When the moon is full, it always looks brightest to us on Earth vs. any other phase since we see its full illuminated area. It’s the same for Mars and the other outer planets, as we see their “full” phase when they are also closest to the Earth, i.e. when they are aligned on the same side of the sun as the earth. Not so for Venus and Mercury. Because their orbital radii are smaller than Earth’s, they present less and less lit surface to an earthbased observer as they approach their closest distance to our planet. Therefore the position at which these two planets look the brightest from Earth is at some point where their orbital radius has some nonzero angle to that of Earth’s.
Develop the relationship on how bright Venus looks from the earth as a function of the angular difference in orbital positions, and solve for the angle where Venus looks the brightest from earth. Simplifying assumptions: the orbits are perfect circles in the same plane, and the orbital radius of Venus is 0.723 that of earth (a good avg. value).
Bonus for purely analytical answer.
The lit fraction of the apparent disk of Venus depends on the angle at Venus in the SunVenusEarth triangle. The disk is fully lit when the angle is zero, half lit when the angle is 90° and not lit at all when the angle is 180°. The actual function is (1+cos(theta))/2, where theta is the angle at Venus.
The visible area of the sky covered by Venus's bright portion also depends on the area of the full circle of Venus's disk, then this can be multiplied by the fraction from the preceding paragraph.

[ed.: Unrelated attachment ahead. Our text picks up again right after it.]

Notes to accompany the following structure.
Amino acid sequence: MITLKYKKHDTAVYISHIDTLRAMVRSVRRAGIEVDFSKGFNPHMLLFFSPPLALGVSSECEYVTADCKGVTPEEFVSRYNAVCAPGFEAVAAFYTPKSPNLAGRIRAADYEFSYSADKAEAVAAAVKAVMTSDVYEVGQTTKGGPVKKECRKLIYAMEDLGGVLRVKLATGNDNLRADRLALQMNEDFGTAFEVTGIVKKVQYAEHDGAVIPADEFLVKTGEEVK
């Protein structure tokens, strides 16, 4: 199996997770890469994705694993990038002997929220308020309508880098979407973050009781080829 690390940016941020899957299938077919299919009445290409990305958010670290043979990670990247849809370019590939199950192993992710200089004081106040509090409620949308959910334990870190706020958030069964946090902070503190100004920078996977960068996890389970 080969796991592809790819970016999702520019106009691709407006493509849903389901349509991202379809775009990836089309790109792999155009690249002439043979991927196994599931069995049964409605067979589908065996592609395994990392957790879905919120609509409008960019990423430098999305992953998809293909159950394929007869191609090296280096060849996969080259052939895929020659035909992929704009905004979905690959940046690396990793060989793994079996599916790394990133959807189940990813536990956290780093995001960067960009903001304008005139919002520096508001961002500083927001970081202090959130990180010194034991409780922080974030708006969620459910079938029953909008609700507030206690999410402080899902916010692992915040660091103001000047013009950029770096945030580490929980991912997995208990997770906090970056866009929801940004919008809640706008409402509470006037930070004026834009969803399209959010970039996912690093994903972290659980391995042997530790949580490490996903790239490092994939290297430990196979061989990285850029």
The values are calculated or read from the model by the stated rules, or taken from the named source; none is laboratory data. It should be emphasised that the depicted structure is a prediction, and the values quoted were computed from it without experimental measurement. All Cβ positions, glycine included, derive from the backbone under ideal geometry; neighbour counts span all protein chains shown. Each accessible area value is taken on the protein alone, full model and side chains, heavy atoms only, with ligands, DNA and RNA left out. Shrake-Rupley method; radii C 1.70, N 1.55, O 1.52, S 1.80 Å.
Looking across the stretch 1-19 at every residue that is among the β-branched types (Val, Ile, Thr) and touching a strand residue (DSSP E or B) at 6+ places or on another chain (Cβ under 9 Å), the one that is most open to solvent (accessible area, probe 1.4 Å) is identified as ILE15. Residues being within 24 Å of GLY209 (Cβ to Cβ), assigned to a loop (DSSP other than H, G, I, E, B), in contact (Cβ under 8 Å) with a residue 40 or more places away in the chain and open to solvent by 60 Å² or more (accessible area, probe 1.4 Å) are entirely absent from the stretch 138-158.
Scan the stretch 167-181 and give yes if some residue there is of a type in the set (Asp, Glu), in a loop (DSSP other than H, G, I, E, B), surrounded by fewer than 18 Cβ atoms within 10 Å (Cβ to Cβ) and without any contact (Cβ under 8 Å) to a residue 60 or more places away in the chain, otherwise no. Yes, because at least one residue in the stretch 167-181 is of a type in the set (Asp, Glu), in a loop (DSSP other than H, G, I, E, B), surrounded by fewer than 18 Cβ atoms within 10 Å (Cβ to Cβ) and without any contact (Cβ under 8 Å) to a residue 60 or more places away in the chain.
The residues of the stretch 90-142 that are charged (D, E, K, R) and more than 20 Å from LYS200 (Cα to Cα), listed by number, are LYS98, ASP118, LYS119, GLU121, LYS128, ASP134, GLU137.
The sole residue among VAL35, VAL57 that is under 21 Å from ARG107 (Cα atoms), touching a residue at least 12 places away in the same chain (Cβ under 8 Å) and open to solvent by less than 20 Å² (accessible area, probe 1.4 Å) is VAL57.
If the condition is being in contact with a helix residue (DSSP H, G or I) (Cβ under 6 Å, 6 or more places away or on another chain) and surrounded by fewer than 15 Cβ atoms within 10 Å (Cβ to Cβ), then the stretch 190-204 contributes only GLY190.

The full disk area covered can be considered inversely proportional to the square of the distance between Venus and the earth.
If theta is the angle at Venus, the distance of Venus to Earth will be found from
1 = x^2 + .723^2  2*.723*x*cos(theta)
x^2  2*.723*x*cos(theta) + .723^2  1 = 0
x = (2 * 0.723 * Cos(theta) + sqrt(4 * (0.723) ^ 2 * (Cos(theta)) ^ 2  4 * (0.723) ^ 2 + 4)) / 2
The brightness would be proportional to the inverse of the square of this.
pi = 4 * Atn(1)
For thdegrees = 117.903 To 117.906 Step 0.00001
theta = thdegrees * pi / 180
x = (2 * 0.723 * Cos(theta) + Sqr(4 * (0.723) ^ 2 * (Cos(theta)) ^ 2  4 * (0.723) ^ 2 + 4)) / 2
bright = ((1 + Cos(theta)) / 2) / (x * x)
Text1.Text = Text1.Text & mform(thdegrees, "###0.00000") & mform(x, "##0.00000") & mform(bright, "###0.000000000000") & crlf
DoEvents
Next
produces a table, the central part of which is:
angle at distance relative
Venus EV brightness
117.90490 0.43089 1.432637732905
117.90491 0.43089 1.432637732906
117.90492 0.43089 1.432637732907
117.90493 0.43089 1.432637732908
117.90494 0.43089 1.432637732909
117.90495 0.43089 1.432637732909
117.90496 0.43089 1.432637732910
117.90497 0.43089 1.432637732910
117.90498 0.43089 1.432637732910 *
117.90499 0.43089 1.432637732910 *
117.90500 0.43089 1.432637732910
117.90501 0.43089 1.432637732910
117.90502 0.43089 1.432637732909
117.90503 0.43089 1.432637732909
117.90504 0.43089 1.432637732908
117.90505 0.43089 1.432637732907
117.90506 0.43089 1.432637732906
117.90507 0.43089 1.432637732905
So the angle at Venus looks like 117.904985°.
We want the angle at the sun, say alpha.
sin(theta)/1 = sin(alpha)/x
sin(alpha)= sin(117.904985)*0.43089
alpha = 22.382516°
Complicating the brightness could be variations in the brightness of various portions of the visible portions of Venus's surface (actually the tops of the clouds).

Posted by Charlie
on 20150409 13:03:18